At birth, we are blessed with a symphony of beautiful hormones that promote growth and repair. These hormones take single molecules and form complex molecules that are required for the body to function normally. These hormones are called anabolic hormones. There are other hormones that are called catabolic hormones and are involved in the wear and tear of the body. The key to quality of life and longevity is to maintain a positive balance of these hormones. This balance ensures that the anabolic hormones exceed the catabolic hormones and we continue to experience growth and repair of the tissues of the body. These hormones are listed below.
There are many factors that affect the levels and the balance of anabolic and catabolic hormones as an individual develops. These factors include nutrition, micronutrient status, type of exercise, stress, environmental toxins, adequate sleep, medications, genetics, lifestyle, and aging. All too often our beautiful symphony of anabolic hormones becomes out of tune and as a consequence the quality and length of one’s life suffers. There is more wear and tear and less growth and repair! There is an anabolic/catabolic imbalance! The medical literature contains multitudes of articles describing how this imbalance is associated with heart disease, type 2 diabetes, metabolic syndrome, hypertension, arthritis, and numerous other diseases!
Why is it that physicians do not address this anabolic/catabolic imbalance as a major factor in the disease process? Look at the hormones involved and the factors mentioned above that affect this balance. This is difficult! The health care professional must have an extensive knowledge of biochemical pathways and nutrition, how the hormones interact and all the cofactors that are required from these hormones to function at an optimal level. Time must be spent educating the patient on what he or she can do with regards to nutrition, proper exercise, adequate sleep, proper lifestyle, stress management and management of genetic mutations. The physician must have the knowledge of proper tests to order, knowing that replacing just one hormone is not adequate to tip the scales to the positive side. The hormone replacement must be bioidentical! A conductor of a great orchestra would not replace a measure in a piece of music played by a trumpet with a flute and expect the symphony to sound the same. Why should we give a synthetic hormone and expect the body to respond the same? What is the proper hormone replacement and how often should tests be repeated to determine if the therapy is effective? This is a very difficult task for the patient and the physician and requires total commitment of both parties. That commitment must be made if the anabolic/catabolic ratio needs to be returned to balance and to reduce the incidence of diseases and improve the quality and length of life! “Knowledge is of no value unless you put it into practice.” Anton Chekhov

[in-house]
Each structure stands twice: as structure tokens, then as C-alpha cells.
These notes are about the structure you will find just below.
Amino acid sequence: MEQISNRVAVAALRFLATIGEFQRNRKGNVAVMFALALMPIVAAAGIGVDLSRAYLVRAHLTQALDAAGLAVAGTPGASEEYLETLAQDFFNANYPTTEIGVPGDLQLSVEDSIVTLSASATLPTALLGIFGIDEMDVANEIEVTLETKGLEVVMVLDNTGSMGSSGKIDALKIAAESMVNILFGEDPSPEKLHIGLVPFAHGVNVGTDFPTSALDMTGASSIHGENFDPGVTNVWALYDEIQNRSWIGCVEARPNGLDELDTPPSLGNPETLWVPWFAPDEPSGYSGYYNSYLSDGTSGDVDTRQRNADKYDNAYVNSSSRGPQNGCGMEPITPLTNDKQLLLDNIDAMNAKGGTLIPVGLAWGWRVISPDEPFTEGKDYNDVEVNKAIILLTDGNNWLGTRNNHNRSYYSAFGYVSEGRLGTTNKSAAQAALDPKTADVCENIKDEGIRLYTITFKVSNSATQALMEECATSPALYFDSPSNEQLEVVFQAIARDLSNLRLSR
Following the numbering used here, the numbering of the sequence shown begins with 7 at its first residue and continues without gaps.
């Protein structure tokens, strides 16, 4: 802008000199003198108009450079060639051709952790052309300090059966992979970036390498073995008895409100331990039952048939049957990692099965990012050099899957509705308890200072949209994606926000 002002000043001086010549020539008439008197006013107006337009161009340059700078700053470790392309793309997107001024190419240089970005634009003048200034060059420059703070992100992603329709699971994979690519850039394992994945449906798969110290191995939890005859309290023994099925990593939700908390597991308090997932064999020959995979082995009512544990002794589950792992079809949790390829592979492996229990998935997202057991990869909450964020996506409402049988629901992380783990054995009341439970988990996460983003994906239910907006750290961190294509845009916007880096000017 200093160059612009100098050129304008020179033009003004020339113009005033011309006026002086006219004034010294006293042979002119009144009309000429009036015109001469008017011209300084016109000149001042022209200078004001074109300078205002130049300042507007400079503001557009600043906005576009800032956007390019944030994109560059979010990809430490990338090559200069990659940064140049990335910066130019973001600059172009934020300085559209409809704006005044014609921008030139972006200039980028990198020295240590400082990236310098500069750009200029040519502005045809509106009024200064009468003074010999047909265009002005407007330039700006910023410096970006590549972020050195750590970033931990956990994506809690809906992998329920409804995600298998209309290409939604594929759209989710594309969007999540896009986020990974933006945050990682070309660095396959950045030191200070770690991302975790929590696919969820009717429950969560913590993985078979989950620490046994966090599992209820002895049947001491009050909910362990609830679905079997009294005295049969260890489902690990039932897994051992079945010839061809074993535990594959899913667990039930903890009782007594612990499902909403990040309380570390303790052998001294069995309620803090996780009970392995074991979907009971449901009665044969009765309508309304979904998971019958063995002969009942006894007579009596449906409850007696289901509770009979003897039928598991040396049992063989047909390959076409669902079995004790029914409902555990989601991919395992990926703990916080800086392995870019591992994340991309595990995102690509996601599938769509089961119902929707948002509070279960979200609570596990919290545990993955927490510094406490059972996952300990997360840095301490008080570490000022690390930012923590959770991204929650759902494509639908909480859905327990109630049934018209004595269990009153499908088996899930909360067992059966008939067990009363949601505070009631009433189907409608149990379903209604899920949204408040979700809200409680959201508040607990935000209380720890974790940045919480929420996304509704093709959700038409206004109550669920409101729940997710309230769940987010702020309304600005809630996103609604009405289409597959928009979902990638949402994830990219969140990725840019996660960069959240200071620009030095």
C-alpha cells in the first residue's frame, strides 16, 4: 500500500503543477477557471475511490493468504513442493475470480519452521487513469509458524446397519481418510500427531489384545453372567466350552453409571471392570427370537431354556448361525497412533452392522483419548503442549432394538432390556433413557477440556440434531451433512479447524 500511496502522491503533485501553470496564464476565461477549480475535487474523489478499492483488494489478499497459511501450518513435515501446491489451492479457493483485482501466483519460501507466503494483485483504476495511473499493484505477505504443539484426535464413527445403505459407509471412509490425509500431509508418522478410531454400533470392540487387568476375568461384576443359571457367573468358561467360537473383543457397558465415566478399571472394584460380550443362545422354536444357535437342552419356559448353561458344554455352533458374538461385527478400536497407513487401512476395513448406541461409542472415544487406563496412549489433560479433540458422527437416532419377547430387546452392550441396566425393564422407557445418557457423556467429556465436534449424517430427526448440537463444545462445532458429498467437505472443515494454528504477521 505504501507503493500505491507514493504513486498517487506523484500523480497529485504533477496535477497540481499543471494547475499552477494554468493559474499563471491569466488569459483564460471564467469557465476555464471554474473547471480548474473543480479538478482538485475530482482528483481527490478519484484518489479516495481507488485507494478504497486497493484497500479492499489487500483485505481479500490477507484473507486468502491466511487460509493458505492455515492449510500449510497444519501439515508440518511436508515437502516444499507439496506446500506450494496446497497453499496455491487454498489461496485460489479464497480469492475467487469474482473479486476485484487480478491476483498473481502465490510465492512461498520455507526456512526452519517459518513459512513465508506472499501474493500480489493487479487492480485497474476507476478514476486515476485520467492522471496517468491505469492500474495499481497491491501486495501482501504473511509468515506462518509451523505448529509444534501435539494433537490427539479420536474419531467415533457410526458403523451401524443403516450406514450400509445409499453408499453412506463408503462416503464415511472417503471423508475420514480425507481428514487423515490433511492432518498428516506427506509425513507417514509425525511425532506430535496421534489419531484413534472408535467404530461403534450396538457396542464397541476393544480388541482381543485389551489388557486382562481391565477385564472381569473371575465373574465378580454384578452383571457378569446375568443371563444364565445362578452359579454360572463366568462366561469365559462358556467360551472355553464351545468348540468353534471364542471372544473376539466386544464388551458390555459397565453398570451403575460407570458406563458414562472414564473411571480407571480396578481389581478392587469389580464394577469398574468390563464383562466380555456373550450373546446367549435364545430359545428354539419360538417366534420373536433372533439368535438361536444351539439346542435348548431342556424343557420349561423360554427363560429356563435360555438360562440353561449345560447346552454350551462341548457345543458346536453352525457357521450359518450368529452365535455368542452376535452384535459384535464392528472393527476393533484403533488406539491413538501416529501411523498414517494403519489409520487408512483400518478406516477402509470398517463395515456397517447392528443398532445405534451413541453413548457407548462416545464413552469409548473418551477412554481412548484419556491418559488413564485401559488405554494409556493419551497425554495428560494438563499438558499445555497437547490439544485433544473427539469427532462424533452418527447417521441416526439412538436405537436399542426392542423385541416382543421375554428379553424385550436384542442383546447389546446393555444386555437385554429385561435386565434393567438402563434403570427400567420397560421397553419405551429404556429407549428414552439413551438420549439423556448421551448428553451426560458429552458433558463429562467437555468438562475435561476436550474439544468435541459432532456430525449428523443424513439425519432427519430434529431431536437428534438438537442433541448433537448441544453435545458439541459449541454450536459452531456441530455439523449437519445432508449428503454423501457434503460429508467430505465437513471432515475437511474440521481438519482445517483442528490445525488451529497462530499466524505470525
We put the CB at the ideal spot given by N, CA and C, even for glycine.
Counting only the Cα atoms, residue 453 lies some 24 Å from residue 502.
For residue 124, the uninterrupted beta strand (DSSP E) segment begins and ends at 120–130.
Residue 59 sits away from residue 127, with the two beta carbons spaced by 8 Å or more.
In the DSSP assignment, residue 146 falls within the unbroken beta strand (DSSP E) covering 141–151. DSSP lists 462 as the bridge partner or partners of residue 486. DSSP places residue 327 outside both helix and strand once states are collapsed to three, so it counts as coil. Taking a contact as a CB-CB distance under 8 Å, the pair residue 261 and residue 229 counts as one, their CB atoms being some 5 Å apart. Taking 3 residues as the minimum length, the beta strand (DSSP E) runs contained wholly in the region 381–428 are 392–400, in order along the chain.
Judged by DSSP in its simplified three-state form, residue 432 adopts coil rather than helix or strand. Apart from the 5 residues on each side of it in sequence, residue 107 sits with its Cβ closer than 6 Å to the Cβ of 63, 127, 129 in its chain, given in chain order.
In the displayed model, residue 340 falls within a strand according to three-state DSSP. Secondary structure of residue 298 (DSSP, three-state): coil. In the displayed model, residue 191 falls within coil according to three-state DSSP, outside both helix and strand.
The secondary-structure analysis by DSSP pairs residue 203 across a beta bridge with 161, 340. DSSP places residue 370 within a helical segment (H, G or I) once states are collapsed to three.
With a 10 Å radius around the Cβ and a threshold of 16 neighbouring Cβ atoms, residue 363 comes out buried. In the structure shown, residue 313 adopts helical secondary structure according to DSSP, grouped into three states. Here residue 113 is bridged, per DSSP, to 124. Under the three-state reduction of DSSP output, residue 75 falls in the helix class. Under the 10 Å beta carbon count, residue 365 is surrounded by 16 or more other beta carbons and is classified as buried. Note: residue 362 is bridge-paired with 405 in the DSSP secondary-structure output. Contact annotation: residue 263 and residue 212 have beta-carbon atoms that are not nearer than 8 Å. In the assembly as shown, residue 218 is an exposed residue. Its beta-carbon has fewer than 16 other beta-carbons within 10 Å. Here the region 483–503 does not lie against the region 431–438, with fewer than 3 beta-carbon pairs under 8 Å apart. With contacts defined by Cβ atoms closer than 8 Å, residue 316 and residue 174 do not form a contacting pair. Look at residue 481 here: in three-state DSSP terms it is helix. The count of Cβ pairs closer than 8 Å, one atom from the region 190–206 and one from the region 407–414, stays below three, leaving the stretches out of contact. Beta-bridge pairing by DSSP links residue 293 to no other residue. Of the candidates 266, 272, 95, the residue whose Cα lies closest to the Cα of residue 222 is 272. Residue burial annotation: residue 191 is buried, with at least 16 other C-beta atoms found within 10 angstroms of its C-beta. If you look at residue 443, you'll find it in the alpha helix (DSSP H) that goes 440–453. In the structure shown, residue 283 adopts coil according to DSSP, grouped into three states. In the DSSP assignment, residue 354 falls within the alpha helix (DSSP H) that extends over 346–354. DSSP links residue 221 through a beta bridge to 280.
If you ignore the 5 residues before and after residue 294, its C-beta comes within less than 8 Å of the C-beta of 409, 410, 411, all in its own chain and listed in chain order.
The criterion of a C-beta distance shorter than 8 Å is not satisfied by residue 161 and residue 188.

“We must all suffer one of two things: the pain of discipline or the pain of regret.” Jim Rohn
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Int J Androl. 2011 Dec; 34 (6 Pt 2):e594-600
Douglas C. Hall, M. D.